First, you should know that my favorite holiday is Christmas. My favorite cookie: chocolate chip. My favorite search engine: Google. So if you were expecting my preferred viewing station at the Players to be some heretofore unnoticed patch of pine needles behind the 5th green well, sorry to disappoint you. My favorite vantage point on the Stadium course is the spectator slope to the left of and slightly behind the island green at the par-3 17th.
Seventeen, I concede, doesn't need my seal of approval. On a sunny afternoon upward of 10,000 people pack the grandstand, jam the sky boxes and sunbathe on the grassy berm that wraps around golf's most treacherous pond. "Every course needs a hole that puckers your rear end," NBC's Johnny Miller once said of Pete and Alice Dye's famous par-3 and he wasn't even taking sore fannies into account. Throw in the fact that the 17th will have 10 high-def TV cameras trained upon it and dozens of press photographers elbowing each other for position, and it's clear that there is no better vantage point in tournament golf.
But just as some concert seats are better than others, there are preferred sight lines at 17. I like to stand at the top of the berm where the row of glass-walled sky boxes ends. The intersection of two paved cart paths gives this busy junction, with its noisy drinkers and beeping utility carts, a kind of Times Square bustle an illusion heightened by the flashing lights of the electronic scoreboard behind the green.
And, yes, I did say stand. I love this spot because it affords a clear view of both the 17th hole and, on the opposite shore, the 16th green. But the 18th tee is just on the other side of the berm. So while the golfers and caddies are striding off the 17th tee for their hike around the pond, I typically drift up the cart path a journey of no more than 30 yards and plant myself on the hill overlooking the final set of tee markers.
For reasons I have never understood, very few spectators choose this vantage point. Here's what they're missing: a bird's-eye view, from directly behind the golfers, of one of golf's most challenging par-4s. You get the full sweep of the fairway as it curves to the left around a glistening lake; the grove of pines on the right that snares the timid straight ball and the nervous fade; the distant green with its snow-white, boomerang-shaped bunker; the wraparound grandstands that look as if they belong in a minor league ballpark; and the palatial clubhouse with its terraced lawns and terra-cotta roofs.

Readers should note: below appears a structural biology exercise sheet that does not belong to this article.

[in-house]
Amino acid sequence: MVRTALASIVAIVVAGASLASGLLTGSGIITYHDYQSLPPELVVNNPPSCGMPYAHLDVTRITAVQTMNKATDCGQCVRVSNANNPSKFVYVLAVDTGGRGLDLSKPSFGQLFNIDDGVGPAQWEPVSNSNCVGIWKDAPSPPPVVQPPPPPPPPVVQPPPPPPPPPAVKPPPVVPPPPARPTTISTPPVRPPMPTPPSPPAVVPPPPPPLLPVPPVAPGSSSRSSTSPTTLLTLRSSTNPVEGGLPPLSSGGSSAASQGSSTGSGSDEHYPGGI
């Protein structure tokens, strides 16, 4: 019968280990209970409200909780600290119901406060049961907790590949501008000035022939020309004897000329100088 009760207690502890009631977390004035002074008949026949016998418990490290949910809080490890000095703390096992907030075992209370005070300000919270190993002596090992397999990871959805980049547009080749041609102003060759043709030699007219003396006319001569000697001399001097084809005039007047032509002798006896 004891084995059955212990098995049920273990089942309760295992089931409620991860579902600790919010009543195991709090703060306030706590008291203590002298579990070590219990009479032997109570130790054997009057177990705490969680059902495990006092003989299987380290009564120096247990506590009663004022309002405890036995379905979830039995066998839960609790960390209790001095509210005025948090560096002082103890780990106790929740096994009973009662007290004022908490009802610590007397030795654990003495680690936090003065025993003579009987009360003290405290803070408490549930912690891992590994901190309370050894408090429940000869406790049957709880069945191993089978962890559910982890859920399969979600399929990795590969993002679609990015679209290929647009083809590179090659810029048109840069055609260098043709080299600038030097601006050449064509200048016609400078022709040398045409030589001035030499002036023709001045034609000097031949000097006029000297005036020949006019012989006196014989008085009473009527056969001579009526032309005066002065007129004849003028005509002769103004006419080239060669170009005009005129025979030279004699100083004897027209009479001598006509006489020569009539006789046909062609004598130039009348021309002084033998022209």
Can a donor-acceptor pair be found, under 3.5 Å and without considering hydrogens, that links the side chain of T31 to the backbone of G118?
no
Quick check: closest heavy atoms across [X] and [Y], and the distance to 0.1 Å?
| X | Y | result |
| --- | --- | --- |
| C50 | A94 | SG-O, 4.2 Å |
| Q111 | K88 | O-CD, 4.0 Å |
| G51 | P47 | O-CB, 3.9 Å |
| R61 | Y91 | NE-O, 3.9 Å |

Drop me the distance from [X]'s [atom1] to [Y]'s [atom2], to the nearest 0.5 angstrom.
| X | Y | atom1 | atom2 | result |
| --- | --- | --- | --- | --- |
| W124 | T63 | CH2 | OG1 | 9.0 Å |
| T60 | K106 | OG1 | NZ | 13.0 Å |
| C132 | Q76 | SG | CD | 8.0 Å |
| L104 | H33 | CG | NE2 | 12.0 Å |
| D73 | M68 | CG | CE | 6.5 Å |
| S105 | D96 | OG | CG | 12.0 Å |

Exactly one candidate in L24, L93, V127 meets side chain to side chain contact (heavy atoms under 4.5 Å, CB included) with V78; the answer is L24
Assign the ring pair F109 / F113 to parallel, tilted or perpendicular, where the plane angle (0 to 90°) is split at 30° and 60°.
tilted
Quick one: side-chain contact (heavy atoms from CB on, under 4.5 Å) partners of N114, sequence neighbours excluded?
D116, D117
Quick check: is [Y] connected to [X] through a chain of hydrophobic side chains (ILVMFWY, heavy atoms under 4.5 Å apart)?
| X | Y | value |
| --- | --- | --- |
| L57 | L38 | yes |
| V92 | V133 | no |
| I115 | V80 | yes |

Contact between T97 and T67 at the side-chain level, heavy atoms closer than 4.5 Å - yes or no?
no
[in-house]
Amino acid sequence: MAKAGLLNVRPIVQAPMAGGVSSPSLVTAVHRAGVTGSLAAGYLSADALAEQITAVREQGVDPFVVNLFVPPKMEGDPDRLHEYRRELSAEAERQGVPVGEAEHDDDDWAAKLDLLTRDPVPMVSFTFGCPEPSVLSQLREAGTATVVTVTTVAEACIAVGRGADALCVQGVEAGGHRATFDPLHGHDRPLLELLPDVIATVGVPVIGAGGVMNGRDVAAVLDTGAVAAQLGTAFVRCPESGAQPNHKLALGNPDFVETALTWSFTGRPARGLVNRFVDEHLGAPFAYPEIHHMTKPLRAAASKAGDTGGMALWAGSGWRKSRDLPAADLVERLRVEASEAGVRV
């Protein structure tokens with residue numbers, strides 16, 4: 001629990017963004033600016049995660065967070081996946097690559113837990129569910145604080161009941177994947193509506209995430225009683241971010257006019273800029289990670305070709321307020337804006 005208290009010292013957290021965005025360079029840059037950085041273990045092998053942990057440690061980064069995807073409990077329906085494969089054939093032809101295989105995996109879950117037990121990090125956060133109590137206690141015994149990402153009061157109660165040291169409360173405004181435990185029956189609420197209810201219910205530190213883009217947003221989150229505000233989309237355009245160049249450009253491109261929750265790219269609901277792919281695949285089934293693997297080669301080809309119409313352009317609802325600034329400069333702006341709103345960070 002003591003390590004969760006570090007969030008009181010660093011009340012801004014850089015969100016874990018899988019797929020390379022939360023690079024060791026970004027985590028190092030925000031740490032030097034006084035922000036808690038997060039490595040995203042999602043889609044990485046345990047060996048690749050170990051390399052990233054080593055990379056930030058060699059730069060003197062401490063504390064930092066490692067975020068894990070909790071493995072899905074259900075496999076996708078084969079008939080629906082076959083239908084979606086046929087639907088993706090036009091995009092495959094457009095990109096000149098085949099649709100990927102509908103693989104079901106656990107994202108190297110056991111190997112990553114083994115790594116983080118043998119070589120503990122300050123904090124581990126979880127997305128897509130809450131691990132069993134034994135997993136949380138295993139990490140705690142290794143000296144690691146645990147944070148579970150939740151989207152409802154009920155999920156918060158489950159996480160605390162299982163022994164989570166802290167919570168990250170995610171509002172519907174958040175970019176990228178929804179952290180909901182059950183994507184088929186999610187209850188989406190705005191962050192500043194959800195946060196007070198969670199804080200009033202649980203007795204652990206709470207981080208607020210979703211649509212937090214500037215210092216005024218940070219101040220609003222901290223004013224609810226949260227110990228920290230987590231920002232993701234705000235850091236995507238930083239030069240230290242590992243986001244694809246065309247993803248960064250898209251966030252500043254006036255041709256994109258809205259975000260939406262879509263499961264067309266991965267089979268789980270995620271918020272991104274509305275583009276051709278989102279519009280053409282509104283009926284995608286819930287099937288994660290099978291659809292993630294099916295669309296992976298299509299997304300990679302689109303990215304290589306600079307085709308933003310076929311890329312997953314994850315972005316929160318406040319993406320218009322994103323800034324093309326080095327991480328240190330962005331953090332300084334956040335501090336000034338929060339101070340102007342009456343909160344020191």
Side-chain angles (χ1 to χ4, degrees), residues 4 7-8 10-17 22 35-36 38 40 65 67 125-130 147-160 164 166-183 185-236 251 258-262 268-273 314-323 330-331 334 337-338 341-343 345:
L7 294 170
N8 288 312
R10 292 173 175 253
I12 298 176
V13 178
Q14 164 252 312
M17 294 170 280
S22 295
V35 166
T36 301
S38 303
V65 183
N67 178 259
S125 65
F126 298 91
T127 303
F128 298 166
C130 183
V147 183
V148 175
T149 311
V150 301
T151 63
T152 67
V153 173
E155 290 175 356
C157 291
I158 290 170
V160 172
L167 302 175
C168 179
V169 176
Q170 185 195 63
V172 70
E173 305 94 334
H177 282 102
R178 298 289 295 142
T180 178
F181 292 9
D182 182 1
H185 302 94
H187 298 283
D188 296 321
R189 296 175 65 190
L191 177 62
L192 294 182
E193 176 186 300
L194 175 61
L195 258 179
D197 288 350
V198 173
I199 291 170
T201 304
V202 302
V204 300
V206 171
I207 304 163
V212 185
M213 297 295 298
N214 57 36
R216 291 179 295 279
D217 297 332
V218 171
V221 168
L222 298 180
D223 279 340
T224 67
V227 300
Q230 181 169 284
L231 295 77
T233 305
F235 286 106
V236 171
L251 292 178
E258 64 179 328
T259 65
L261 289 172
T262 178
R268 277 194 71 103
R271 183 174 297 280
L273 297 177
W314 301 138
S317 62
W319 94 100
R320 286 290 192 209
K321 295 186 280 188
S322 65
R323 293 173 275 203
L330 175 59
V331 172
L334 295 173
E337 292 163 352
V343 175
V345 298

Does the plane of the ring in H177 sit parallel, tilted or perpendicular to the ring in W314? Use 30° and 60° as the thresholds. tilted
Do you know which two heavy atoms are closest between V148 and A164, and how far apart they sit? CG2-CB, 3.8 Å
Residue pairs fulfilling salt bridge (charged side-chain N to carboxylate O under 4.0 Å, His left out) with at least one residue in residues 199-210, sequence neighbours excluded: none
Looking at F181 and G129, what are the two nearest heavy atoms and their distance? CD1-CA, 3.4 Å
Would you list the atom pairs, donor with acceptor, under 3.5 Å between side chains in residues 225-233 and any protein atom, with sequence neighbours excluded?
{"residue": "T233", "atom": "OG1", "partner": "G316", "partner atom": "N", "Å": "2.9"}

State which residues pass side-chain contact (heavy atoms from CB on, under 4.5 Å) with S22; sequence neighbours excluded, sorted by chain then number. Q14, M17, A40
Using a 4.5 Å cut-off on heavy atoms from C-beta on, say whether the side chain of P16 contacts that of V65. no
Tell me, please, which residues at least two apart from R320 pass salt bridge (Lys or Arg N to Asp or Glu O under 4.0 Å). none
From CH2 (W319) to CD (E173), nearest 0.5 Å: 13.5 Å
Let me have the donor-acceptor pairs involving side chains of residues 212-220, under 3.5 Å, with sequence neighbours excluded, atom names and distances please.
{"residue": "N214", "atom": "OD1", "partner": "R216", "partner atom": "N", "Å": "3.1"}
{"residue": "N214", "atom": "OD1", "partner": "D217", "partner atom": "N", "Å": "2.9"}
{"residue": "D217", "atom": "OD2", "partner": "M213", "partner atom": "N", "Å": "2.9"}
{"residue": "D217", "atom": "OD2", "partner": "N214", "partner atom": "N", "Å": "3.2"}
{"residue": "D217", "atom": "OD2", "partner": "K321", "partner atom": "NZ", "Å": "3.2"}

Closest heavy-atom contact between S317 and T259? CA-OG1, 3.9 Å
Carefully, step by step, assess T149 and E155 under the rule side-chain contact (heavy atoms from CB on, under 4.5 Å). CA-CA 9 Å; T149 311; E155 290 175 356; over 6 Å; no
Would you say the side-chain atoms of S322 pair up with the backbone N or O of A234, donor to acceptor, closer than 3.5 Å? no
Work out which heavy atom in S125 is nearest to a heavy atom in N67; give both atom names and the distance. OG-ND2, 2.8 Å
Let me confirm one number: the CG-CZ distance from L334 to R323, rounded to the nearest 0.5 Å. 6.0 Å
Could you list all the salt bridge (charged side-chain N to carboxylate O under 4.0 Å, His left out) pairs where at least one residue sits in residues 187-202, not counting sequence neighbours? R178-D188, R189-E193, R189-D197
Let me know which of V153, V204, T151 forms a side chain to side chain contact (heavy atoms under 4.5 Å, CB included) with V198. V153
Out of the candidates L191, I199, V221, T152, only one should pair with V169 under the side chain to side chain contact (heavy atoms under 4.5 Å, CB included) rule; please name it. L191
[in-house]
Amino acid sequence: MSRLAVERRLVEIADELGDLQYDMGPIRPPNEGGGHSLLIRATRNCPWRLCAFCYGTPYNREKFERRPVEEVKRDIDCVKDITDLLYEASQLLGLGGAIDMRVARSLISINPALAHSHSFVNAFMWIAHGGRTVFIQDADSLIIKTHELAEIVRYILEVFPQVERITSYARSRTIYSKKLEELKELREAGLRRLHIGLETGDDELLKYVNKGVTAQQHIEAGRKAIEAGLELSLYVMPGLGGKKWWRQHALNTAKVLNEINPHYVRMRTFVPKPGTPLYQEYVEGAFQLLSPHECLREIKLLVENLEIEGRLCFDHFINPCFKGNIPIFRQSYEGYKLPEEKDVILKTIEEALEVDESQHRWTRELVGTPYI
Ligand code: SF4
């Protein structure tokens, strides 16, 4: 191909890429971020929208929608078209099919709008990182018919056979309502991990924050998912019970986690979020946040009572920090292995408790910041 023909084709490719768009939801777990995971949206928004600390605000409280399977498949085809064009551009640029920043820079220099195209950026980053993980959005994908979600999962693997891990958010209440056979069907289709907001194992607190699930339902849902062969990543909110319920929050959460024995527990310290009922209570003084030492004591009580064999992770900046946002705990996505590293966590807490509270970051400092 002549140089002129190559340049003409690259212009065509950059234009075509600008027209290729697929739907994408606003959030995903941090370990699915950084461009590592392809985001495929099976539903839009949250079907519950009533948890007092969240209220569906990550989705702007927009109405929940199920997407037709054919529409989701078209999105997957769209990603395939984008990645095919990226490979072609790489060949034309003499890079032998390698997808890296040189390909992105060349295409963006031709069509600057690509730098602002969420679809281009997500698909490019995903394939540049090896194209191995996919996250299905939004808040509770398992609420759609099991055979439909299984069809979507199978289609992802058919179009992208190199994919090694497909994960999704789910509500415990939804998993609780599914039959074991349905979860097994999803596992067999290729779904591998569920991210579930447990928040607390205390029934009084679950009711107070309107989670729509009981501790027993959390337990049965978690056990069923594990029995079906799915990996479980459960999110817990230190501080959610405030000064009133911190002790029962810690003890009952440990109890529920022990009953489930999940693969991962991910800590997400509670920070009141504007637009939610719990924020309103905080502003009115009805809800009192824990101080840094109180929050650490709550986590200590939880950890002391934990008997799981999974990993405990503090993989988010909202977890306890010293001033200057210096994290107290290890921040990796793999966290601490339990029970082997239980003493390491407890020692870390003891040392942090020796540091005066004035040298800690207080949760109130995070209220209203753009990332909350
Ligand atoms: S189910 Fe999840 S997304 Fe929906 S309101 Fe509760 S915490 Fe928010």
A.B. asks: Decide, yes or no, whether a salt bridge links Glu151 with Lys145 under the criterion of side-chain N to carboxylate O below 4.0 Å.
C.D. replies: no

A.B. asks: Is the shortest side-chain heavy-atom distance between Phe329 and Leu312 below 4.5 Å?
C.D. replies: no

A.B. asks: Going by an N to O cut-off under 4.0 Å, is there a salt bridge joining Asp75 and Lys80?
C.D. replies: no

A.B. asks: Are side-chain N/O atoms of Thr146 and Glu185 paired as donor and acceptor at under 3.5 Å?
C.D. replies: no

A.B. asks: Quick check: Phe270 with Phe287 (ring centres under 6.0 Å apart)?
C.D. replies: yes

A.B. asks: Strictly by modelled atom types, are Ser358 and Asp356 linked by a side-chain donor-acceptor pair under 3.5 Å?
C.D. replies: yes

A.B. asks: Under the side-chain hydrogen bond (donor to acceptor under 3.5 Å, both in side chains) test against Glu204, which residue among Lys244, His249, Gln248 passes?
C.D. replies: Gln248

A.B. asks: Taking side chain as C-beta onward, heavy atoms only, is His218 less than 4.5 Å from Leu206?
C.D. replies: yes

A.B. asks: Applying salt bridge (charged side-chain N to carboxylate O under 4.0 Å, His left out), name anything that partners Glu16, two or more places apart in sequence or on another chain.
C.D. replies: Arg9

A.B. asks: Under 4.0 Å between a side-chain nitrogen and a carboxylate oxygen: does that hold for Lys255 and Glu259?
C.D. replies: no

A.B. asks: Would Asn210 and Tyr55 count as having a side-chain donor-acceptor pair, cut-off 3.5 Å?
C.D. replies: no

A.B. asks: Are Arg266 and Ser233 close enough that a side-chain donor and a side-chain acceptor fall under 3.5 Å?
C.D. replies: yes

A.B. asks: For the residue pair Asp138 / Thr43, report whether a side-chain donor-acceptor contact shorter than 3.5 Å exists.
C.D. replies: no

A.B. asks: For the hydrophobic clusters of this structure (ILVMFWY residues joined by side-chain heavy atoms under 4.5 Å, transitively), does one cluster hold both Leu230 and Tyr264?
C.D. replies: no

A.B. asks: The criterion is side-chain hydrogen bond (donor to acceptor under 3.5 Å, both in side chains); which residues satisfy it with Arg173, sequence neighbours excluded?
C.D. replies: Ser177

Is this not golf-watching nirvana? By simply sliding to and fro, like a scroll bar on a screen, I can follow the action on all three finishing holes. Two years ago, for example, I managed to catch not only the final-round drama of young Sean O'Hair, who, trailing by two, dunked two shots in the water on 17, but also the reckless response of the ultimate champion, Phil Mickelson, who blocked his approach on 18 to the very edge of the water hazard. (Gasp!) Last year the stars of the finish were the walking emoticon, Sergio Garcia, and his wry challenger, the well-worn Paul Goydos. My vantage point provided a 50-yard-line perspective on the three finishing holes plus the one-hole playoff, which ended when Goydos missed the islands on 17. (There is a second island, if you haven't noticed. Offered a seat on that tiny isle, in the shade of the perfectly centered oak, I might give up my current perch.)
The best Players, in my opinion, had to be the '02 edition. That's the year when 35-year-old Craig Perks, who had never won a PGA Tour event, accrued roughly 100 feet of hole outs on the closing holes. He pitched in for an eagle 3 on 16 (roar!), canned a 28-foot birdie putt on 17 (roar!) and then won the tournament by holing out a wedge shot for par from thick rough behind the 18th green (ROAR!). As I often tell my friends, "Had I not been covering the Kraft Nabisco that year, I would have seen it all!"
And a lot more. During the inevitable lulls, when the network cameras lock on the frowning face of some Tour veteran reading his island-green putt as if it's a lender's disclosure form, I turn my attention to the passing parade. It's a people-watcher's paradise, that bermtop. Half the folks have literally stumbled out of the sky boxes, which must have beer hoses dangling from the ceiling. The other half are young women in sundresses who brazenly troll for marriageable men among the flotsam and jetsam of graying middle managers. As I often tell my wife, "No, dear, it was the same old same old."
You, of course, may have found some corner of the Stadium course with just as much spectator appeal some charming knoll where the sun is always at your back, waiters walk around with trays of crab cakes and Tiger always drains the triple-breaking 50-footer.
But I'm guessing you have not.